Silence. She works the red within the lines of the flower petals. It’s a beginner’s coloring book with large, easy prints. Some of the pages are missing, but it doesn’t matter.
“Green is for grass.” She takes the crayon and fills in the blades of grass strung along the bottom of the page. “Oops!” It snaps in half under her tight grip. “That’s okay,” she grins. “There’s only a little bit of grass.”
We giggle. Not the deep belly laughs of days before. I loved those laughs. I miss those laughs.
She slides the two pieces of green crayon into the box.
“Tomorrow I’ll bring you a new green one. A pointed green,” I promise.
“Okay,” she says, satisfied. “See my house?”
A dog-eared page is to her left on the table. Its rough tear marks indicate a hasty extraction from a more advanced coloring book. The red and brown blend together. I am guessing that the colors represent the brick of her house. A brown and green tree, decorated with red dots, stands beneath an uncolored sky. Yellow lines stretch out from a bright yellow sun.
I’m holding the blue crayon. “Do you like the blue one?” I persist waving the crayon in front of her.
“Black is for dirt,” She replies as she pulls the black crayon out of the box. Her gaze changes, "My brother Steve would get dirty planting flowers in the garden. His hands got black."
The ticking clock above the bookcase echoes in the nearly empty activity room. Far away chatter is muffled. "Yes, I remember," I say, "he liked to dig with his hands, to bury the flower bulbs, didn't he?"
She inspects the box, “Orange is tricky. You don’t use orange much.”
“Orange could be for a pumpkin,” I offer, almost excitedly, although not expecting a reply.
A bell rings in the distance. Apron-wearing staff appears from the other side of a swinging door at the back of the room.
“Oh,” she says, and quickly gathers the loose pages, slips them into the coloring book, and continues, “It’s time to wash for dinner.” She takes the blue crayon from my hand. “You have to go. Tonight’s after-dinner guest will be Frank Sinatra. This is the best resort ever.”
She touches my arm and smiles as I stand. Our eyes meet for an instant. Her frail fingers bring a flood of memories and for a moment I want to believe she knows who I am. I kiss her forehead and turn toward the entrance foyer.
"Okay, Auntie Heley, I'll see you tomorrow."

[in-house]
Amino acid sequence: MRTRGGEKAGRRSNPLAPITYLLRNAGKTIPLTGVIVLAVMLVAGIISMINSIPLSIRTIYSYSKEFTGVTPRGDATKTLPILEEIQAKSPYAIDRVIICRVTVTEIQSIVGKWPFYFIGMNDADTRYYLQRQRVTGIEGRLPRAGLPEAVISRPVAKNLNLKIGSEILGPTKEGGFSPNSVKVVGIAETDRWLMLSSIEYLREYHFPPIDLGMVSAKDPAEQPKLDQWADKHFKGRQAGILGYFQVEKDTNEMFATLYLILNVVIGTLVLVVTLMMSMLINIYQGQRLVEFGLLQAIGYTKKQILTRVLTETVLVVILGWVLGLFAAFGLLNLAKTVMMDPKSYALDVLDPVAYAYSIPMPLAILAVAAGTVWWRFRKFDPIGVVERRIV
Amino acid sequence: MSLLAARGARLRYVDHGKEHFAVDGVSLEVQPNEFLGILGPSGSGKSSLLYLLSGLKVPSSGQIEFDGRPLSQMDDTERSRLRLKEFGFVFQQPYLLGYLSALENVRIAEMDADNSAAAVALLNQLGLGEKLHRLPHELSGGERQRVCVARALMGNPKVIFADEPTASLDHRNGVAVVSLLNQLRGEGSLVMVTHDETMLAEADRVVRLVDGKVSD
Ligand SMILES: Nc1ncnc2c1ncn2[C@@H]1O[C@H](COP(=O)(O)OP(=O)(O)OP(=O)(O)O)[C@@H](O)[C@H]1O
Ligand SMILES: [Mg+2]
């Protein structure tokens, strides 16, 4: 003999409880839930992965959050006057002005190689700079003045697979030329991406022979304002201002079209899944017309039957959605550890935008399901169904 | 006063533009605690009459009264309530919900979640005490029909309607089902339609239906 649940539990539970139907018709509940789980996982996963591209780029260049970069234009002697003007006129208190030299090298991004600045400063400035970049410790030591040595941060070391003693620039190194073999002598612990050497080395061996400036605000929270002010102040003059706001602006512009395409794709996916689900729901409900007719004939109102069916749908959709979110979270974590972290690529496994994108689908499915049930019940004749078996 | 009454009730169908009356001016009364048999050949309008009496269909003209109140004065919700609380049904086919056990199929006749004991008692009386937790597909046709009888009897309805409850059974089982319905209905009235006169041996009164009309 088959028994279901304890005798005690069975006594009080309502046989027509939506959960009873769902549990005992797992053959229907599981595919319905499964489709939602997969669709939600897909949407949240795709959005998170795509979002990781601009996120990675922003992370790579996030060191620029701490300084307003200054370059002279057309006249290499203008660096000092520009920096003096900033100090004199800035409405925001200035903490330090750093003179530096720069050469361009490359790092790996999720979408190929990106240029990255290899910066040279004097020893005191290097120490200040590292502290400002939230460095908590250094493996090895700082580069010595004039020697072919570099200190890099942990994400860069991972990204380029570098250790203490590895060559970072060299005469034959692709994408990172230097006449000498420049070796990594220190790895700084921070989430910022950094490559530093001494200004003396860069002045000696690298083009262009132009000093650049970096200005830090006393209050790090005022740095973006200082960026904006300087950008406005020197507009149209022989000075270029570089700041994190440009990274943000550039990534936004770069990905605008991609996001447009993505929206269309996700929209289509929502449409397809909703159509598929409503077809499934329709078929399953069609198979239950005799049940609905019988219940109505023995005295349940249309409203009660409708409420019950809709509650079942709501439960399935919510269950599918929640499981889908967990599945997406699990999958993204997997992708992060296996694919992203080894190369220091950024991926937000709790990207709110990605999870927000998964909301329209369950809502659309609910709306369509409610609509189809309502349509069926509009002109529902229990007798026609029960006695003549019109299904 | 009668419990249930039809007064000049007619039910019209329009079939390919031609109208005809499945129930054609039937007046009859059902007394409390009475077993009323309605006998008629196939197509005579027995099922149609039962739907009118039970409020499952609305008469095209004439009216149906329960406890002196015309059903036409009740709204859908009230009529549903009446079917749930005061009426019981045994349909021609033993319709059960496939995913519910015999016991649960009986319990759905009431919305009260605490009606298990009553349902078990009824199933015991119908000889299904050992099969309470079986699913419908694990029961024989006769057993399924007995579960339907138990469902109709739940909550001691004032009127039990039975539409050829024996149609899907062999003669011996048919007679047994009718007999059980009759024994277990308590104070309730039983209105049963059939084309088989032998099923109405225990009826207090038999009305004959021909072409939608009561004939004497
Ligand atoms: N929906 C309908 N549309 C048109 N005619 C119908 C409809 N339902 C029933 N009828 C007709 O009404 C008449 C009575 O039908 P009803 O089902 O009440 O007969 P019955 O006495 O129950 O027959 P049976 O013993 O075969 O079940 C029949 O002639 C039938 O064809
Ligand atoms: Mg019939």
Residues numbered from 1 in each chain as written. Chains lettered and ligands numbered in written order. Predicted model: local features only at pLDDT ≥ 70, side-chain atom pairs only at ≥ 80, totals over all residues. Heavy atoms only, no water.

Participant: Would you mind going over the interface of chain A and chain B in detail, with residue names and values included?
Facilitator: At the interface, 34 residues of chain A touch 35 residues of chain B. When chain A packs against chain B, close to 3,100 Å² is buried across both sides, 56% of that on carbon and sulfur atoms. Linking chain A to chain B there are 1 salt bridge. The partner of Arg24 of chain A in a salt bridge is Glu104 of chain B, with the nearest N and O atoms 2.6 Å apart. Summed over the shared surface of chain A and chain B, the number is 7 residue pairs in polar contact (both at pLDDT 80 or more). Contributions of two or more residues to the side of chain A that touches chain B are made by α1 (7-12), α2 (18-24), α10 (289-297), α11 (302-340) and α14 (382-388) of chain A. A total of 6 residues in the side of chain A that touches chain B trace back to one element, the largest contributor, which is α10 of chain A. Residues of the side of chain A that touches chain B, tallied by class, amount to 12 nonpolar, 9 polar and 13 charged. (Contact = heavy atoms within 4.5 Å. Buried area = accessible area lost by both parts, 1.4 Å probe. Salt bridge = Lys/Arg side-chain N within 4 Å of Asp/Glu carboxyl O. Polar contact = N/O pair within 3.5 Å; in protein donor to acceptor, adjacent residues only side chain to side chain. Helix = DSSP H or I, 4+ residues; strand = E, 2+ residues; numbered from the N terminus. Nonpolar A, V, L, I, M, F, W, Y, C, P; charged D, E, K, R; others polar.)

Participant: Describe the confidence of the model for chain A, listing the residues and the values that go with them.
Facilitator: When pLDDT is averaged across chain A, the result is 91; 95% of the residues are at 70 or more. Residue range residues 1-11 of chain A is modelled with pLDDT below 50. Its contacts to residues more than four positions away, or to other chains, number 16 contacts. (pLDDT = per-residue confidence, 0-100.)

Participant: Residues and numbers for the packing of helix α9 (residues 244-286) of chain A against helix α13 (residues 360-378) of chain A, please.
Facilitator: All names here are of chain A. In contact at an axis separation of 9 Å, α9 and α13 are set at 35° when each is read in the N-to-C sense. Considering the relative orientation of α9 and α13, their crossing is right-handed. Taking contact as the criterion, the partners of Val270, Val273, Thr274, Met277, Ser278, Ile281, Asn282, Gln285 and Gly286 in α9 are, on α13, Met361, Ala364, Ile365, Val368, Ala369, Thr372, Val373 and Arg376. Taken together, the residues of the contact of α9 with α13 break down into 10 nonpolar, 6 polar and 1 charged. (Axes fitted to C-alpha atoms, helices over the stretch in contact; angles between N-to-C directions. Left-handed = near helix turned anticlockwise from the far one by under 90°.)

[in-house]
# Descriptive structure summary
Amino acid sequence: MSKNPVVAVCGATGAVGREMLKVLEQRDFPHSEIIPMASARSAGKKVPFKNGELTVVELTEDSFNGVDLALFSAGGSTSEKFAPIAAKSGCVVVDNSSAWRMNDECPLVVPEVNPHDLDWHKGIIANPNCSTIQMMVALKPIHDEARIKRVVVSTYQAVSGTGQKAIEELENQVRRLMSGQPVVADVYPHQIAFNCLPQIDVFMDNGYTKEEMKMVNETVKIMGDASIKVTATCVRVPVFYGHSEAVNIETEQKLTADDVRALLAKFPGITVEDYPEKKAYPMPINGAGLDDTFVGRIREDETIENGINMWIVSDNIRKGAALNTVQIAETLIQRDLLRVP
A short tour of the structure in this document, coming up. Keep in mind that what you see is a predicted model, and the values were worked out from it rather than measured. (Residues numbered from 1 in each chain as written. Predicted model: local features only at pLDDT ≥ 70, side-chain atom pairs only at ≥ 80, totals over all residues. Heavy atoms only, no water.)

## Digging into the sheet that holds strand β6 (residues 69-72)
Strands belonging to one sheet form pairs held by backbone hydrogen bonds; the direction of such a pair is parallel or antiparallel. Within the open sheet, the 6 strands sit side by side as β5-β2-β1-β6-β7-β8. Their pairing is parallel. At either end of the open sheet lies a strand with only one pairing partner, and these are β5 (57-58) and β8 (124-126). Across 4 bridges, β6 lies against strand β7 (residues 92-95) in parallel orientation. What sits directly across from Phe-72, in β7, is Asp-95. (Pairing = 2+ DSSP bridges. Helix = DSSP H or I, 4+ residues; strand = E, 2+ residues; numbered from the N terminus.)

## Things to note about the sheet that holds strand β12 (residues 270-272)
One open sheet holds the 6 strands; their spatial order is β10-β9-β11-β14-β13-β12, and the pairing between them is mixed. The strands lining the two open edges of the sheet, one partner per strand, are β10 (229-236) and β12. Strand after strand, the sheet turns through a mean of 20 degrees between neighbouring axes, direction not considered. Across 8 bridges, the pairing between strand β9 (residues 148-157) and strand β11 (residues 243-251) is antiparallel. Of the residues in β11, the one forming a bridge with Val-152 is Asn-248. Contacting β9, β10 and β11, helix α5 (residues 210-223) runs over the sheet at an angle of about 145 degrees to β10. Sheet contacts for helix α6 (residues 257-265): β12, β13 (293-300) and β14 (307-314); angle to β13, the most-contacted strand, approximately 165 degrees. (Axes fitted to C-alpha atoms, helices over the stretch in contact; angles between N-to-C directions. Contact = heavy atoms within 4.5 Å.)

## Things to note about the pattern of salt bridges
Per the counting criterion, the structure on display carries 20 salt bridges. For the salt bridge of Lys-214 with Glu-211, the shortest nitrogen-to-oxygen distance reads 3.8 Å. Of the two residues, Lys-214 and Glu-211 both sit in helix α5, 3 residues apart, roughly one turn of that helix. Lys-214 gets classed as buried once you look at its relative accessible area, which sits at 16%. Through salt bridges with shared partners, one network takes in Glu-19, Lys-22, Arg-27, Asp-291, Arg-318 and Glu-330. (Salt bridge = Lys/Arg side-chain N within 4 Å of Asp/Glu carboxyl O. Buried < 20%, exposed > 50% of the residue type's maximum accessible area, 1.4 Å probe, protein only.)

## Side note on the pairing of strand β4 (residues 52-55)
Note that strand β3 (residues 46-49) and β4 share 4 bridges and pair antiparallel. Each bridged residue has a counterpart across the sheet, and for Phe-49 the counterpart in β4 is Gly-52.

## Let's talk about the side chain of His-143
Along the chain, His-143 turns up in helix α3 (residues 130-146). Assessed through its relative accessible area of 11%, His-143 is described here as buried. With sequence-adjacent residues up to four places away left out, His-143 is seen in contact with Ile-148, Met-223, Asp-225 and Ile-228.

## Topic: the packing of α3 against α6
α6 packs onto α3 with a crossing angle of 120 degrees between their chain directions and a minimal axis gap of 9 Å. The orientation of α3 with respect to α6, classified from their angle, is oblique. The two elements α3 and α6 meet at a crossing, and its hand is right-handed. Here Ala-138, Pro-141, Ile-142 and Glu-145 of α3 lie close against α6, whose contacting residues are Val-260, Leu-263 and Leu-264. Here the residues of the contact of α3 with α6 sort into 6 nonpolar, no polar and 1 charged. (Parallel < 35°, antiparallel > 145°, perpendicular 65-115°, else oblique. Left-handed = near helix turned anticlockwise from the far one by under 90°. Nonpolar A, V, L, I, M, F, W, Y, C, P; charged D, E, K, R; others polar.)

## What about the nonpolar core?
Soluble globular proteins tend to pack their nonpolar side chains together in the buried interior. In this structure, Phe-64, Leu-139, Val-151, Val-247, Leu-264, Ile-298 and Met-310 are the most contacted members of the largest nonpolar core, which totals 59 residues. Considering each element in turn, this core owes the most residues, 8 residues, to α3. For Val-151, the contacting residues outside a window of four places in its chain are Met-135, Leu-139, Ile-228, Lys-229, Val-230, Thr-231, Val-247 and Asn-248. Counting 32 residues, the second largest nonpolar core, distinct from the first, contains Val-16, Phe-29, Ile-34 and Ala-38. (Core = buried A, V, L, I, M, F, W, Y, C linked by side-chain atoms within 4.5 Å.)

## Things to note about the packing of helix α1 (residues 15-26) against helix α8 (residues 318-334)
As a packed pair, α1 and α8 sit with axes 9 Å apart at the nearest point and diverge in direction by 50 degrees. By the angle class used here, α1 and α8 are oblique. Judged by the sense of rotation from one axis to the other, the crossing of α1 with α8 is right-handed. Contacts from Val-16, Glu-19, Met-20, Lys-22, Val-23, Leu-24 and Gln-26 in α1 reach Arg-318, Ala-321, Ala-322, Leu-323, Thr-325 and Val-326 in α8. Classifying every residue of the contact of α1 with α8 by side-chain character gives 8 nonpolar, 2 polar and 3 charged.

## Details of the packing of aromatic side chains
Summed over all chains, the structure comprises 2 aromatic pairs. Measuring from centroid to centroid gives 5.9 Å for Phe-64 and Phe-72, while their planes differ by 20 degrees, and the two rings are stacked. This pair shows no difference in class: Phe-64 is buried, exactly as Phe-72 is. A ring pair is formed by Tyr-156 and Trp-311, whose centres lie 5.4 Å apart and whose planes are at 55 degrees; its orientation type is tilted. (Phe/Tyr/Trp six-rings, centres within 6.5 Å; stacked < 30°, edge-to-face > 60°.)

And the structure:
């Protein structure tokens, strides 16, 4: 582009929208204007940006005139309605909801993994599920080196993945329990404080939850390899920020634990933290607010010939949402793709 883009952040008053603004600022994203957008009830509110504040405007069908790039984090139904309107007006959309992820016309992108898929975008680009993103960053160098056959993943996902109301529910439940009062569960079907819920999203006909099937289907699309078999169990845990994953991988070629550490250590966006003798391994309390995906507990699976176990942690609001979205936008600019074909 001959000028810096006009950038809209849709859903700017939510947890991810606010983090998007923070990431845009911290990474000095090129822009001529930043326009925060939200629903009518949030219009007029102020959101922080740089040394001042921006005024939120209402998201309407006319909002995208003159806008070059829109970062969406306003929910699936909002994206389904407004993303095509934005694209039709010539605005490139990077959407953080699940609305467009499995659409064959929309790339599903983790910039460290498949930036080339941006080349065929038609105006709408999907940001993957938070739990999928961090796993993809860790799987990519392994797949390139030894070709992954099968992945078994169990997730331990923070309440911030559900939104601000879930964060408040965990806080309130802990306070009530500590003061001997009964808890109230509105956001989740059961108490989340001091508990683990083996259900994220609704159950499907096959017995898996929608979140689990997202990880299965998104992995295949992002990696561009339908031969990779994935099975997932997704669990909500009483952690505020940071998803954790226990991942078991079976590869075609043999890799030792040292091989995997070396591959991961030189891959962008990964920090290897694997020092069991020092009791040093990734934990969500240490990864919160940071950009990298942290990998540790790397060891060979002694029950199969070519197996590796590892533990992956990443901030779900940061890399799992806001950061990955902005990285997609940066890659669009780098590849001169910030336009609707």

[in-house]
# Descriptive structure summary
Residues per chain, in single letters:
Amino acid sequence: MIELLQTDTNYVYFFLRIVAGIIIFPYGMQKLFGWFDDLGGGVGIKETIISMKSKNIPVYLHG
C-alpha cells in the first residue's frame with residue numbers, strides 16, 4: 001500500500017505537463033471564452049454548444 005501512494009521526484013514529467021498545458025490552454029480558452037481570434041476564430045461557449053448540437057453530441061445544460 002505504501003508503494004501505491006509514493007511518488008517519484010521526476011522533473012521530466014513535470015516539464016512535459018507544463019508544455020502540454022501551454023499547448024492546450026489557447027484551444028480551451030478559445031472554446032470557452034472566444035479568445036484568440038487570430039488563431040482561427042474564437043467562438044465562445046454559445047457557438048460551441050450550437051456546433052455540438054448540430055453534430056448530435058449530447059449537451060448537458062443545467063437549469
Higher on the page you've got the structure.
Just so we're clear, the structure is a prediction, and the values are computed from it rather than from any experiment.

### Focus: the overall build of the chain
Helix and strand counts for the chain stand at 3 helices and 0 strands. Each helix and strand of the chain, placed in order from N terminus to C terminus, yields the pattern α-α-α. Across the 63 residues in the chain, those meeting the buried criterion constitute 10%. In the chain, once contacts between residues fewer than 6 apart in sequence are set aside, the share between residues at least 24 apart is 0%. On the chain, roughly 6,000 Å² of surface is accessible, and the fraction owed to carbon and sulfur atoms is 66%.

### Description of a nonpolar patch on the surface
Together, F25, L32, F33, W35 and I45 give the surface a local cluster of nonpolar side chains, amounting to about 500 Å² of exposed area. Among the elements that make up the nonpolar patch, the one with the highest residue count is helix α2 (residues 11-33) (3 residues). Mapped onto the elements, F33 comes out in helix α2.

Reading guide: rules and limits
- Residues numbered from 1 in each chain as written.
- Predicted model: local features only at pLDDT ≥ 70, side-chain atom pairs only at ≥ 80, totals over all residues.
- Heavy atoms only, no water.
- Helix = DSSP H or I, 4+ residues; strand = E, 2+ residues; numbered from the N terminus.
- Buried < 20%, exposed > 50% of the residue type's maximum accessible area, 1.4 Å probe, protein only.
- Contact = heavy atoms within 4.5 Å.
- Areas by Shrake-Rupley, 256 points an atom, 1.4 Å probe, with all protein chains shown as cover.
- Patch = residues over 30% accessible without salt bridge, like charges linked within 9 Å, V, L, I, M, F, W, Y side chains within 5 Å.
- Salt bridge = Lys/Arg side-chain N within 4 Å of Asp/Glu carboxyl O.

“Blue.” My favorite aunt says confidently, “Blue is for beautiful. It always reminds me of you, Judy.”
Judy and Heley 2009
In Calico Lane, in 1971, Valerie asks me to move to San Francisco with her. For as much as I wanted to get away from the Lane, at that moment, I said, 'no.'
Remember that sometimes not getting what you want is a wonderful stroke of luck. ~ Dalai Lama
When I traveled to San Francisco, it was not the San Francisco of the seventies that Valerie longed to share with me. The trip in 2004 was with my partner, Eileen.
Eileen was anxious to show me the city where she lived during the early 1970s. A lot of 'ifs' came to mind. What if I did move to San Francisco with Valerie? Would Eileen and I have crossed paths? If we did cross paths, well, I would have been partnered with Valerie, so would I have flirted with Eileen? Would Eileen have been interested in a girl from Pennsylvania or would we continue on separate paths? Who's to know how lives would have been different...IF?
During those autumn days in 2004, Eileen and I toured the financial district, China Town, the Trolly Car Museum, and walked the twisty Lombard Street. We roamed neighborhoods, and, from a metal chair in a sidewalk café, watched the foot traffic in the Castro as the waitress served cappuccinos. We sampled chocolates at Ghirardelli’s’ and tossed some wrinkled bills into a street performer’s upturned beret. On Fisherman's Wharf, we feasted on chowder served in a sourdough bread bowl and more crab legs than we thought possible to eat. A vendor handed me a long-stemmed rose for a dollar -- I passed it to Eileen as I kissed her cheek.
The next day, we guided rental bicycles across the Golden Gate Bridge’s span–according to the brochure: one point seven miles. We paused midway to look at the Alcatraz Island Prison. A man approached and said, “Did you know it takes four seconds to fall from the deck to the water? You’re going 75 miles an hour when you hit the surface.”
“No kidding?” I shook my head, astonished that a stranger would tell another stranger such a story, whether truth or fiction. He tipped his cap to us and we continued pedaling to Sausalito for a lunch of crab cakes, ceviche, and raspberry-flavored iced tea.
My life would have been different if Valerie and I had resided in San Francisco, immersed in the culture and neighborhoods. As I looked around, all of this would have been familiar on a personal level. That's how it was for Eileen this week as she reminisced of a time with friends in this coastal city back in the seventies.
But then, when the time was right, Eileen moved east. Her first step in preparation for the cosmic force that would allow our future paths to collide. The rest is our history.
Still, San Francisco is a charming city to visit.
Eileen and Judy 2004